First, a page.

CREDO Democratizes Data for a New Generation of Educators

CREDO | Data Visualization

A Revolutionary Take on Research Reporting

The Center for Research on Education Outcomes at Stanford University (CREDO) produces rigorous, non-partisan research and evaluation to enhance the body of empirical evidence, driving education policy decisions toward improved education outcomes for all students. They’re committed to ensuring their research impacts educators across the industry — but that can be a challenge.

Looking around, CREDO saw a model for disseminating research results that was stuck in the past. Researchers are trying to reach diverse audiences — educators, funders, state policy makers — and handing them all static, narrative documents. Oftentimes, it was only fellow research wonks who would read fully the hundreds of pages for the information they needed.

CREDO had an idea for something new: an interactive report format that allowed users to easily discover the information most relevant to them, ultimately making better use of the grant that led to the research (not to mention the months of labor put into it).

Macke Raymond, Director of CREDO, described our work together:

“I knew we were doing something ambitious,” she said, “And I had a sneaking suspicion we were doing something disruptive. I think I was right on both counts. There are times when an entire field walks through a door and it can never go back the other way. I think this is one of those times.”

A Bridge from Research to Practice

Our job was to help CREDO translate between two clusters of professionals: the technically-minded folks who create the research on the one hand, and the practically-minded folks who can use the research on the other. To facilitate this work, we had to understand CREDO’s content at a deep level.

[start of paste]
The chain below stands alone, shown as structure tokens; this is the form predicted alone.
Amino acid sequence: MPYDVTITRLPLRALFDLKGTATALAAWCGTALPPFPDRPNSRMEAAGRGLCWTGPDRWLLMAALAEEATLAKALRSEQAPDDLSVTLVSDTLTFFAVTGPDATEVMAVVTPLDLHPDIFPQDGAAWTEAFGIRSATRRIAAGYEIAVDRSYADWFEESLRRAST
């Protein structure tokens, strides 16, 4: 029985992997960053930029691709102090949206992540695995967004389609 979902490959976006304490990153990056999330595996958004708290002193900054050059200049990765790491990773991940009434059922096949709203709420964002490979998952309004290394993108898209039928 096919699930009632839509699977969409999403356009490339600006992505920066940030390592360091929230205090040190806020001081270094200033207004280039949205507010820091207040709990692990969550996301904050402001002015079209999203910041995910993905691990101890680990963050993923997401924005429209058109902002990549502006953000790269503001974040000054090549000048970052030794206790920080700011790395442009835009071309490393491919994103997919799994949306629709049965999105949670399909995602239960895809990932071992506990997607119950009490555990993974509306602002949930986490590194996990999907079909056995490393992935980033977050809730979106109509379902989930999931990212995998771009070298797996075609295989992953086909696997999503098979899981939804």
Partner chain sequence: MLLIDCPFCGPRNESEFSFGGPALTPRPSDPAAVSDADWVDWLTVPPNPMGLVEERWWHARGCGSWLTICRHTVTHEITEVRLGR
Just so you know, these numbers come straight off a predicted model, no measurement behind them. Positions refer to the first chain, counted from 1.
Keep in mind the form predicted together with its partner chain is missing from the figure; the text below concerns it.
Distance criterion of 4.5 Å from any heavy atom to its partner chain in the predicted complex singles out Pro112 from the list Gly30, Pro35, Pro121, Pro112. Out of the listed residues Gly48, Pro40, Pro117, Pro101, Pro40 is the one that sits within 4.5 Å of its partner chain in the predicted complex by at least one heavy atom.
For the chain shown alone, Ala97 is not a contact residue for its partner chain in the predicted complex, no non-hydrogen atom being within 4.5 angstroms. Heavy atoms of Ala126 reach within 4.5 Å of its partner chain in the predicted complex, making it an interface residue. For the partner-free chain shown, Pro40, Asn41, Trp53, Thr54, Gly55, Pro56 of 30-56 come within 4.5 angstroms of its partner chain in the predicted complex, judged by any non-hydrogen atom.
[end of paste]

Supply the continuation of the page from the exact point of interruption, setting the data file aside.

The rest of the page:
“ProjectEd was willing to engage with an extremely fine level of granularity,” said Lauren J. Bierbaum, Senior Research Associate for CREDO, “which allowed us to speak the same language about the work we were doing and our goals for the project.”

Together we conducted an exhaustive review of all the data CREDO had produced for this trial report, rapidly iterating on new models of information architecture. We identified our key audiences from the outset, allowing us to constantly validate whether a given content strategy was successfully serving those who would be using this new interactive report.

“My team really appreciated the project management skill that ProjectEd brought to our work,” Lauren told us. “Having well-developed visions of the deliverables, being clear on what was expected from us and on what timelines — these things made our collaboration seamless.”

A New Path Forward

CREDO’s new approach has already made history. For the first time, the U.S. Department of Education has agreed to accept a report in this style as an official submission for evaluation.

“Our case worker at the DOE is excited about the usability and accessibility of this approach,” Macke reported.

The Department’s response is a testament to what we have achieved: a report that is welcoming and usable, but still deeply rigorous. It’s an approach with the potential to revolutionize the way educators understand their schools and their students.